Recent years have seen an explosion in the number of children diagnosed with “invisible disabilities” such as ADHD, mood and conduct disorders, and high-functioning autism spectrum disorders. Whether they are viewed as biological problems in brain wiring or as results of the increasing medicalization of childhood, the burden of dealing with the day-to-day trials and complex medical and educational decisions falls almost entirely on mothers. Yet few ask how these mothers make sense of their children’s troubles, and to what extent they feel responsibility or blame. Raising Generation Rx offers a groundbreaking study that situates mothers’ experiences within an age of neuroscientific breakthrough, a high-stakes knowledge-based economy, cutbacks in public services and decent jobs, and increased global competition and racialized class and gender inequality.
"A valuable contribution to the national dialogue on health care and education, told through the voices of the mothers whose children's futures should be of concern to all of us."
"Mother and feminist sociologist Blum takes a scholarly look at how 'mother blame' and financial difficulties add to the challenge of raising children with conditions such as ADHD, Asperger's, and autism...Parents of children with disabilities that aren't immediately obvious can benefit from reading about others in their shoes and from considering Blum's take on this important public-health issue."
“It is personal, written accessibly, and provides a substantive grounding in the political and health context it critiques. Placing the experiences of mothers and their children at the center of the issue around medicalization and disability shifts the debate and places lay experience at the core.”
—Gender & Society
“In this detailed and insightful book, Linda Blum carefully and thoughtfully lifts the lid on the lives of 48 women who identify as mothers of children with ‘invisible disabilities.’”
—Disability and Society
“[…] [T]his is a fascinating book, a must have. Her book is grounded in sociological feminist theories of motherhood. It also discusses different experiences of mothers depending on their marital status, social class, and race. This book will certainly be of interest not only to academics, policymakers and practitioners but to parents as well.”
—Sociology of Health & Illness
"An insightful portrayal on the struggles of mothers under various strains of inequality and discrimination."
—Journal of Youth and Adolescence
"While we read regularly about the Ritalin phenomenon and ADD kids, Linda Blum helps us to understand all of this from the perspective of mothers raising ADD-diagnosed children. Blum brings several unique lenses to this field of research: her critical medical sociology framework, attention to race, class and gender, and an in-depth interview approach, which gets at the “complex ambivalences” mothers (particularly those raising children of color) hold in relation to medicating and diagnosing their kids, and negotiating our contemporary risk culture. The result is the complex, multi-dimensional analysis that we need to balance out an increasingly hegemonic neuroscience perspective."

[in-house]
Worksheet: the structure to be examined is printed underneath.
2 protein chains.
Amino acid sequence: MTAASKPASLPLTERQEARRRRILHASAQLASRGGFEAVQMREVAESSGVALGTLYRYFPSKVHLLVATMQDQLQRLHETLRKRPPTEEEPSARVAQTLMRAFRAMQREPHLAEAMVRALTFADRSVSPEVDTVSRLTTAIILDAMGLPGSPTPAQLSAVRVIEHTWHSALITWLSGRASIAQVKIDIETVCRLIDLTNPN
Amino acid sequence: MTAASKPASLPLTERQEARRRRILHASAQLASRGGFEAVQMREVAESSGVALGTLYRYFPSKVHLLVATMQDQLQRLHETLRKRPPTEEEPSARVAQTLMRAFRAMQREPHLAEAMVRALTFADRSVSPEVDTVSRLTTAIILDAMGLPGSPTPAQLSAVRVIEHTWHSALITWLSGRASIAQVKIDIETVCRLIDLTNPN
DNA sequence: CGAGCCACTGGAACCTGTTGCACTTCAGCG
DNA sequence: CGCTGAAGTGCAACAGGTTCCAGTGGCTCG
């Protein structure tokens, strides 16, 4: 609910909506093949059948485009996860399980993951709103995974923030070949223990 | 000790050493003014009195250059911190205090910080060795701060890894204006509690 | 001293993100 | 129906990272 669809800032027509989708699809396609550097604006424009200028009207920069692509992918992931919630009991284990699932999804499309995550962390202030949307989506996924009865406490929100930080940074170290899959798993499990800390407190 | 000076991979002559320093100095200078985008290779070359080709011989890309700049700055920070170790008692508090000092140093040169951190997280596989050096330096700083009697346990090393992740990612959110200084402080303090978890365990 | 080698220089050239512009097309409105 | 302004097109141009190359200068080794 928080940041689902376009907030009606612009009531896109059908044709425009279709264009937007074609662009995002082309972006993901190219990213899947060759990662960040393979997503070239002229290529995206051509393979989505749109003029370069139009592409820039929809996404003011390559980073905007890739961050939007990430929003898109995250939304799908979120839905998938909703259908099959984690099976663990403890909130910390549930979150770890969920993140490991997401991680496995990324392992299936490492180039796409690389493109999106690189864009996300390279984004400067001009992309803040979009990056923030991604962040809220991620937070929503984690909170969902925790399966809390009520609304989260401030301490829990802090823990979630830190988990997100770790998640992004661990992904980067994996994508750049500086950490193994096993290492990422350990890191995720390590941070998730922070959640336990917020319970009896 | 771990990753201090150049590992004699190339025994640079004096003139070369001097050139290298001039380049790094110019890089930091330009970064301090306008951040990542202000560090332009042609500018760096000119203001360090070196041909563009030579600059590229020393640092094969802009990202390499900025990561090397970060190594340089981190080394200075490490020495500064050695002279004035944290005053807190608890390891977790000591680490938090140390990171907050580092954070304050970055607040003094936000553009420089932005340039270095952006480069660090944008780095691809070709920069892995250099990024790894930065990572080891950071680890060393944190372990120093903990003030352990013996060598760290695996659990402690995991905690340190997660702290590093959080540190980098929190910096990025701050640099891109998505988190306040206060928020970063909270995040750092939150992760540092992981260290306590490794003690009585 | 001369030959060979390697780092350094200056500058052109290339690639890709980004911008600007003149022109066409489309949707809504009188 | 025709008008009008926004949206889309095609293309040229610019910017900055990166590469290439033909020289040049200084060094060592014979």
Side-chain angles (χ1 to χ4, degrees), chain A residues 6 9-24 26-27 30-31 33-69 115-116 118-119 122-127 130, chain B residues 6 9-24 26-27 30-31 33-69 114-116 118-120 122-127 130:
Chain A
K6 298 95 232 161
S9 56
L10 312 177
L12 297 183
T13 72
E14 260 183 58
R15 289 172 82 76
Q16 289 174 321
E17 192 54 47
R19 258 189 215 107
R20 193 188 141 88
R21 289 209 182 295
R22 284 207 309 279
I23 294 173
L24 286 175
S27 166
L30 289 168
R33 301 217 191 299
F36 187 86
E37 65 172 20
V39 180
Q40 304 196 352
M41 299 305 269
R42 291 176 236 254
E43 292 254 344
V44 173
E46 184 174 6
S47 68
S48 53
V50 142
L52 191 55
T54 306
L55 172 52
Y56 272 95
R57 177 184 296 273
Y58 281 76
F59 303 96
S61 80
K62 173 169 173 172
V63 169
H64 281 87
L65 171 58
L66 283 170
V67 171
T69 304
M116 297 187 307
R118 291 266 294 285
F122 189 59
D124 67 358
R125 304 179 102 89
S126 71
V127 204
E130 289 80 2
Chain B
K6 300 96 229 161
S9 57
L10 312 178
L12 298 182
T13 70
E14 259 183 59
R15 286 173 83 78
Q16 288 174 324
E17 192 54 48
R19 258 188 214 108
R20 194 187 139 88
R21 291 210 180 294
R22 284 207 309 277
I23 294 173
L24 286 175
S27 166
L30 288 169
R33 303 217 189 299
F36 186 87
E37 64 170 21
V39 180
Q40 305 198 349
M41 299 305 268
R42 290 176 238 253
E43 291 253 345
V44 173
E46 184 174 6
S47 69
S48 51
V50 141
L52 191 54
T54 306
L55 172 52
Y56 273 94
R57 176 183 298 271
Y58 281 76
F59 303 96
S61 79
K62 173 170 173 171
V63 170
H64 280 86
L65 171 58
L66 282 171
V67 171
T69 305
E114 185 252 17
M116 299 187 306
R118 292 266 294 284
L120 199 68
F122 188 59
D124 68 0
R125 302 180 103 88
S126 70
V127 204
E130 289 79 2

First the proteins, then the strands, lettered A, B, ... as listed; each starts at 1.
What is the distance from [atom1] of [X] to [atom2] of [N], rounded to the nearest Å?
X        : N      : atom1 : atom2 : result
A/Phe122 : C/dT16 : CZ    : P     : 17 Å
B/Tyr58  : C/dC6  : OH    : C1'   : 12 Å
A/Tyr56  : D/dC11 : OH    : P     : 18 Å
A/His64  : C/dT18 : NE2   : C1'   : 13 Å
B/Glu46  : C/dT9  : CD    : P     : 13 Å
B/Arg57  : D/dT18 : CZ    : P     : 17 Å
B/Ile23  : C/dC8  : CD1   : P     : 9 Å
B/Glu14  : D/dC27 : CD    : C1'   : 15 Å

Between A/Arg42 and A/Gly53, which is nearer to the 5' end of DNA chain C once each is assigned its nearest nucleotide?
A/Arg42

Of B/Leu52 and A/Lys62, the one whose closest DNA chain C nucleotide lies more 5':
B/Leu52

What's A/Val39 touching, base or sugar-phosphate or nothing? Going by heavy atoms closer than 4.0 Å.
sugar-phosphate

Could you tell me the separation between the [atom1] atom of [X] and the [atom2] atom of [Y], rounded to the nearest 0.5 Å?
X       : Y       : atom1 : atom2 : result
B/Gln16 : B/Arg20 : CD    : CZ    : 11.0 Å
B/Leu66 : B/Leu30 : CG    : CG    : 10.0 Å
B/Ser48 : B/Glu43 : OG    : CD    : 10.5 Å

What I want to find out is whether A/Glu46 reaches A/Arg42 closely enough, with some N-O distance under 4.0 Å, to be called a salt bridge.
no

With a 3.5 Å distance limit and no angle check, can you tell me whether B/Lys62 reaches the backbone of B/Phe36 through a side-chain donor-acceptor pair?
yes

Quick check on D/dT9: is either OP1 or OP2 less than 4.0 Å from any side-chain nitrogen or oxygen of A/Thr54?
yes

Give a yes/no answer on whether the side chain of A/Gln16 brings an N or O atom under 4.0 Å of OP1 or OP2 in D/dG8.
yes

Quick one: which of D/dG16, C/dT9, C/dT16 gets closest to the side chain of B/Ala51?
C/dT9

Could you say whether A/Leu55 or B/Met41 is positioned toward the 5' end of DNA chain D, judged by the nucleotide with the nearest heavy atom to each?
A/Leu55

—Meika Loe, author of The Rise of Viagra: How the Little Blue Pill Changed Sex in America
"Some 22 percent of American children today have some form of disability. In this highly important book, Linda Blum plunges us into the world of their worried mothers, deciphering labels and pills, fending off stigma, tirelessly advocating for their children. Married or alone, affluent or poor, such mothers often feel blamed and too rarely in the presence of real help. A carefully researched and deeply sensitive portrait of mothers on the Rx frontier."
—Arlie Hochschild, author of The Outsourced Self: Intimate Life in Market Times
"Raising children is hard. Raising children with ADHD, Asperger’s or autism is harder. Blending empathy and keen sociological analysis, Linda Blum shows how these mothers’ experiences vary by their socioeconomic status, marital status, race, and their child’s gender, albeit in complex and often ironic ways. Highly recommended!"
—Abigail Saguy, author of What's Wrong with Fat?
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